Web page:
1 Chronicles 16:1–17:27, 2 Timothy 1:3–18, Psalm 84:1–12
Soon after David became king of Israel, he offered a song of thanks containing these words: “Glory in his holy name; let the hearts of those who seek the Lord rejoice! Seek the Lord and his strength; seek his presence continually! Remember the wondrous works that he has done, his miracles and the judgments he uttered . . .” and ending with these: “Oh give thanks to the Lord, for he is good; for his steadfast love endures forever!” (1 Chronicles 16:10-12, 34)
After the celebration, “all the people departed each to his house, and David went home to bless his household.” (1 Chronicles 16:43)
David impresses me as a man who has his priorities right (at least at this time): God first then family. A little later in the reading, he expressed his desire to build a “house” for God that would replace the tent-tabernacle used at that time as a place of worship. Nathan the prophet gave a go-ahead, but God intervened. One of David’s sons would built the “house” while God said He would build David a house and establish his throne forever.
Again, David expressed his gratitude: “For you, my God, have revealed to your servant that you will build a house for him. Therefore your servant has found courage to pray before you. And now, O Lord, you are God, and you have promised this good thing to your servant. Now you have been pleased to bless the house of your servant, that it may continue forever before you, for it is you, O Lord, who have blessed, and it is blessed forever.” (1 Chronicles 17:25–27)
This impresses me too. David wanted to do a great thing for God, but God would not let him. Instead of feeling rejected or sad about it, David blessed God for His decision. I’ve a lot to learn in that area. Recently, God made a decision that affects me negatively. While I can see His wisdom in this, I’m not yet rejoicing over it.
Today’s NT reading speaks of another of God’s decisions, His choice regarding the purpose of life for His people. In these verses, Paul is writing to a young pastor, but there are principles in them that apply to all Christians, including me . . .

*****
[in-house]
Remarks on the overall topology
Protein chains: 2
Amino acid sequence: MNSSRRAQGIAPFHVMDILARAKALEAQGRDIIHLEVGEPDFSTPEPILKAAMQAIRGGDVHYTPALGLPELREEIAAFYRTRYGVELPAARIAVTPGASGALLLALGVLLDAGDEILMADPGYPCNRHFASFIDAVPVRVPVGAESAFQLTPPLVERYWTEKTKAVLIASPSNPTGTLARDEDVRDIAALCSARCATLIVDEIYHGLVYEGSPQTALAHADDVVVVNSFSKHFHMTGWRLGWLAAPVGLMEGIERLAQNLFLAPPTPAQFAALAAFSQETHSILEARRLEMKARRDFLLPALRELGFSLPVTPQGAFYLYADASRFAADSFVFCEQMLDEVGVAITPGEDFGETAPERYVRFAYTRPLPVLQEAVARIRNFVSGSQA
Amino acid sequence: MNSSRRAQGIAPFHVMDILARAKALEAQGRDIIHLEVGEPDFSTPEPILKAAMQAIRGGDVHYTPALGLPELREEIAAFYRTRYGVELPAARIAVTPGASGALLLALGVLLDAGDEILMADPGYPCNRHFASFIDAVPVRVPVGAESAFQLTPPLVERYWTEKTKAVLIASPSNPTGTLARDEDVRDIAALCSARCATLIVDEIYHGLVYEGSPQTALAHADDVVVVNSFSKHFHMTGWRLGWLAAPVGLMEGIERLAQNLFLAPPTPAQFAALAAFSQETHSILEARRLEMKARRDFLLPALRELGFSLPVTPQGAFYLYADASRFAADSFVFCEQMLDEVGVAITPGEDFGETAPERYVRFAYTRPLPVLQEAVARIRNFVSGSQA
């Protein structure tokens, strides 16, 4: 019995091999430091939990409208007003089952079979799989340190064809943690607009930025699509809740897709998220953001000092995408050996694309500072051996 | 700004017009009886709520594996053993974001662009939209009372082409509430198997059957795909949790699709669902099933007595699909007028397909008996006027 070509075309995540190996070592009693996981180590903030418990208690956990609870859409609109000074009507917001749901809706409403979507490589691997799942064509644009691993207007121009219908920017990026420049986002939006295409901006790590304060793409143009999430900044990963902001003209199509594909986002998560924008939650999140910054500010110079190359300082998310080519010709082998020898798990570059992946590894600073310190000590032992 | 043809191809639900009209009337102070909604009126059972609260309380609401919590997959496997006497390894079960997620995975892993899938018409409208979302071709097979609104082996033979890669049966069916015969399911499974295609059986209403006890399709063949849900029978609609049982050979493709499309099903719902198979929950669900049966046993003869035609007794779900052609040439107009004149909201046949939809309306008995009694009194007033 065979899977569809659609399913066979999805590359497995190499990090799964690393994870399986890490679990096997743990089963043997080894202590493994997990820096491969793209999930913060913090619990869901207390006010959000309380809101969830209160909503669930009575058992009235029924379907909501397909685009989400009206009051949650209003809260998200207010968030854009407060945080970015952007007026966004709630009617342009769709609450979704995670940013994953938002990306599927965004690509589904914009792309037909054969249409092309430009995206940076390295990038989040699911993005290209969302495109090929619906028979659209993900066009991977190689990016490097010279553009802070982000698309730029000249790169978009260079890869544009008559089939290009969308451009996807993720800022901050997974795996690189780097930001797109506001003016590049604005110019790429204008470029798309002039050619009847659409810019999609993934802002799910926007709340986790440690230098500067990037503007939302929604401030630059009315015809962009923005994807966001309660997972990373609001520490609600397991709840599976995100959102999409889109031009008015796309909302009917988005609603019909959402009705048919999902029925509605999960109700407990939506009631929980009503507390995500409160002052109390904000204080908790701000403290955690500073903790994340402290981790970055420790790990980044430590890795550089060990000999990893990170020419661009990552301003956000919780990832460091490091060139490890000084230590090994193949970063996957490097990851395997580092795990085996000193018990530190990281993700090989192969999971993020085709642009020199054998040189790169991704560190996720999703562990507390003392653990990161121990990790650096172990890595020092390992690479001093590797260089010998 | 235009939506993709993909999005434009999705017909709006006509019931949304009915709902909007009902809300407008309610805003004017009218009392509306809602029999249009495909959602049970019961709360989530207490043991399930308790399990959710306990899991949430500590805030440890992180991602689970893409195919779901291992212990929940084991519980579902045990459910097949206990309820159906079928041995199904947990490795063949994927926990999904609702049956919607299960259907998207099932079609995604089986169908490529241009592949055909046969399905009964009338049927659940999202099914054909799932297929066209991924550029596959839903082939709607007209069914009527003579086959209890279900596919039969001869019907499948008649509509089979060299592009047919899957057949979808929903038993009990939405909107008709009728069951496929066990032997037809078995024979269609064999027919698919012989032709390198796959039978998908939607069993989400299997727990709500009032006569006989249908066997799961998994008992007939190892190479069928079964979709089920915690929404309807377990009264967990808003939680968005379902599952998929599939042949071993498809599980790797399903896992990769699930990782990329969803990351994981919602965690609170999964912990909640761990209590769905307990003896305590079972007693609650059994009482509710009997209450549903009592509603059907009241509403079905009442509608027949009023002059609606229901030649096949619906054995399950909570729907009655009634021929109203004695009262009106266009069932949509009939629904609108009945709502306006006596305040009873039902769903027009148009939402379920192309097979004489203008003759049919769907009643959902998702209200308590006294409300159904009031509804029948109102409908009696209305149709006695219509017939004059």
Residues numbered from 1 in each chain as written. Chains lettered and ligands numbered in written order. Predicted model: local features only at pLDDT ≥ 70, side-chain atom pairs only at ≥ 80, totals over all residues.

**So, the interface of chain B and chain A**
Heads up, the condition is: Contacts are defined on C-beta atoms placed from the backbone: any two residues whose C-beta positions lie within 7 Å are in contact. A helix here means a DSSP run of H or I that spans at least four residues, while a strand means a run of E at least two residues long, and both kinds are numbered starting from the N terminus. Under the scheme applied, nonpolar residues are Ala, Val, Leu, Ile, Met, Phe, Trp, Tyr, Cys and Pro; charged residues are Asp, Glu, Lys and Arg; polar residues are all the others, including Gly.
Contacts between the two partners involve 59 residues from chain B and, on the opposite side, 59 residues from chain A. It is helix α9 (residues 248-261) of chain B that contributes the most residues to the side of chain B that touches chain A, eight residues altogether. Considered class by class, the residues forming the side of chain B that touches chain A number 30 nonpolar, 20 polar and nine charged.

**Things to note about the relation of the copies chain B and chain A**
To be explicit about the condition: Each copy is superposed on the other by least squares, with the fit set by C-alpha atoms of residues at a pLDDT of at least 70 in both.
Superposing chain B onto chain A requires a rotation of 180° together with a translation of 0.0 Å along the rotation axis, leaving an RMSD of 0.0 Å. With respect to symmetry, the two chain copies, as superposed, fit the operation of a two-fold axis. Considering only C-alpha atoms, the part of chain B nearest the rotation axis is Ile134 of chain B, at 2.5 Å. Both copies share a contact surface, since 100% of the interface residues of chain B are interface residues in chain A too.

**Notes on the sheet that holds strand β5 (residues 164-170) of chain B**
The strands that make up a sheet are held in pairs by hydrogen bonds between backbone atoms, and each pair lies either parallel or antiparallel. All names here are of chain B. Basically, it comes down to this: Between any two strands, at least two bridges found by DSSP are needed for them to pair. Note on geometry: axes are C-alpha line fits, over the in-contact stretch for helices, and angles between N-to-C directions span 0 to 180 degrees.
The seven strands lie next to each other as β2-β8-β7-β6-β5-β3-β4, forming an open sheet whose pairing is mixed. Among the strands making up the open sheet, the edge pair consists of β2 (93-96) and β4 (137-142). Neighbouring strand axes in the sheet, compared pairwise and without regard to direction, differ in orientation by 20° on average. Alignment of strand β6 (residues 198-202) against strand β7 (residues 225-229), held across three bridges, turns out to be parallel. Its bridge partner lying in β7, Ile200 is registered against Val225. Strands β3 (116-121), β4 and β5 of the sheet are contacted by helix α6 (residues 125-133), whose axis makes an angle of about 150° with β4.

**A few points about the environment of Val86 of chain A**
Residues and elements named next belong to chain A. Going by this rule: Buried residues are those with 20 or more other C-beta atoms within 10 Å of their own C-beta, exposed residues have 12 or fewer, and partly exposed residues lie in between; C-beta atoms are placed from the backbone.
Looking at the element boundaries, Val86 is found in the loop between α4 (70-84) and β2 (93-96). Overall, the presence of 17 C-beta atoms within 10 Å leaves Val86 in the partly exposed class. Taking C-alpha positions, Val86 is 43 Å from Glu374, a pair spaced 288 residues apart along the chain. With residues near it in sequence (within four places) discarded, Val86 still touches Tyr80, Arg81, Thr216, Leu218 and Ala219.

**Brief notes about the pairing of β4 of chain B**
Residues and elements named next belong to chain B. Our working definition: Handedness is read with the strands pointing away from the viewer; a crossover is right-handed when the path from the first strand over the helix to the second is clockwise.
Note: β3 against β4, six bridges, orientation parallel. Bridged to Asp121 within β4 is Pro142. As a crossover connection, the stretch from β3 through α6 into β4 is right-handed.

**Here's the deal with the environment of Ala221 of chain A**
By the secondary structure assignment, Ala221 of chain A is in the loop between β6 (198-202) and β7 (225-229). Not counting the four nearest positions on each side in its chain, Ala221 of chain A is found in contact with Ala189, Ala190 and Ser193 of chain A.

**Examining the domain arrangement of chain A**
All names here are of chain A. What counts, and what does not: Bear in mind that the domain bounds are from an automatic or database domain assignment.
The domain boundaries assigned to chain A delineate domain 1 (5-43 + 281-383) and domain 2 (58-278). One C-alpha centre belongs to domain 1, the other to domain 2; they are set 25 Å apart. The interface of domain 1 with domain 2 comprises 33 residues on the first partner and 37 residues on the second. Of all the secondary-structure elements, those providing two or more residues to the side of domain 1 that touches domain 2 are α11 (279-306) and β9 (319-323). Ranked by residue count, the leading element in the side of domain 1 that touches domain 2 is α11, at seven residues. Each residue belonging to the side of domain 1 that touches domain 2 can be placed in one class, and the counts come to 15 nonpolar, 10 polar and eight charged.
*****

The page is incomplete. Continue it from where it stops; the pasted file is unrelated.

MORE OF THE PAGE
“I am reminded of your sincere faith, a faith that dwelt first in your grandmother Lois and your mother Eunice and now, I am sure, dwells in you as well. For this reason I remind you to fan into flame the gift of God, which is in you through the laying on of my hands, for God gave us a spirit not of fear but of power and love and self-control. Therefore do not be ashamed of the testimony about our Lord, nor of me his prisoner, but share in suffering for the gospel by the power of God, who saved us and called us to a holy calling, not because of our works but because of his own purpose and grace, which he gave us in Christ Jesus before the ages began.... which is why I suffer as I do. But I am not ashamed, for I know whom I have believed, and I am convinced that he is able to guard until that Day what has been entrusted to me.” (2 Timothy 1:5–9, 12)
Faith needs to be sincere, never faked or hypocritical. I cannot ever pretend to believe or act as if I am trusting God when I’m actually full of doubt or trusting my own resources. This seems obvious, but there are times when I declare I’m trusting God to do something, but try to “help” Him without being directed to do so. That is insincere faith.
Lack of faith is often connected to fear. God gives the faith, but when I let fear into my thoughts and become anxious about things that are out of my control, then I need to remember that God is not the author of fear, but of power, love, and self-control.
Self-control is a bit of a misnomer. It actually means trusting that God is in control, not self. It is produced by the Holy Spirit and gives me the power to keep my hands off. If God promises to do something, then I must trust Him to do His thing without me meddling. This is not the activity of saying “no” when God asks me to take action, but saying “no” when my lack of trust is pushing me to take action.
The reading from Psalms takes me back to David’s desire to build God a house. For David, and for me, the place is not as important as meeting with God and being in His presence. In the OT, that was associated with the tabernacle, and later the temple. Since Christianity was established, most Christians associate God’s presence with a church building, even though we know that we can meet with God anywhere because He is everywhere.
When I read these words, I’m thinking less of a place and more about the event: “My soul longs, yes, faints for the courts of the Lord; my heart and flesh sing for joy to the living God.... For a day in your courts is better than a thousand elsewhere. I would rather be a doorkeeper in the house of my God than dwell in the tents of wickedness. For the Lord God is a sun and shield; the Lord bestows favor and honor. No good thing does he withhold from those who walk uprightly. O Lord of hosts, blessed is the one who trusts in you!” (Psalm 84:2, 10–12)
The event is about glorying in God’s name, seeking Him, seeking His strength and presence continually, and remembering the wondrous works that He has done, His miracles and judgments. Such worship also ends with thanksgiving that declares the goodness of God and that His steadfast love endures forever!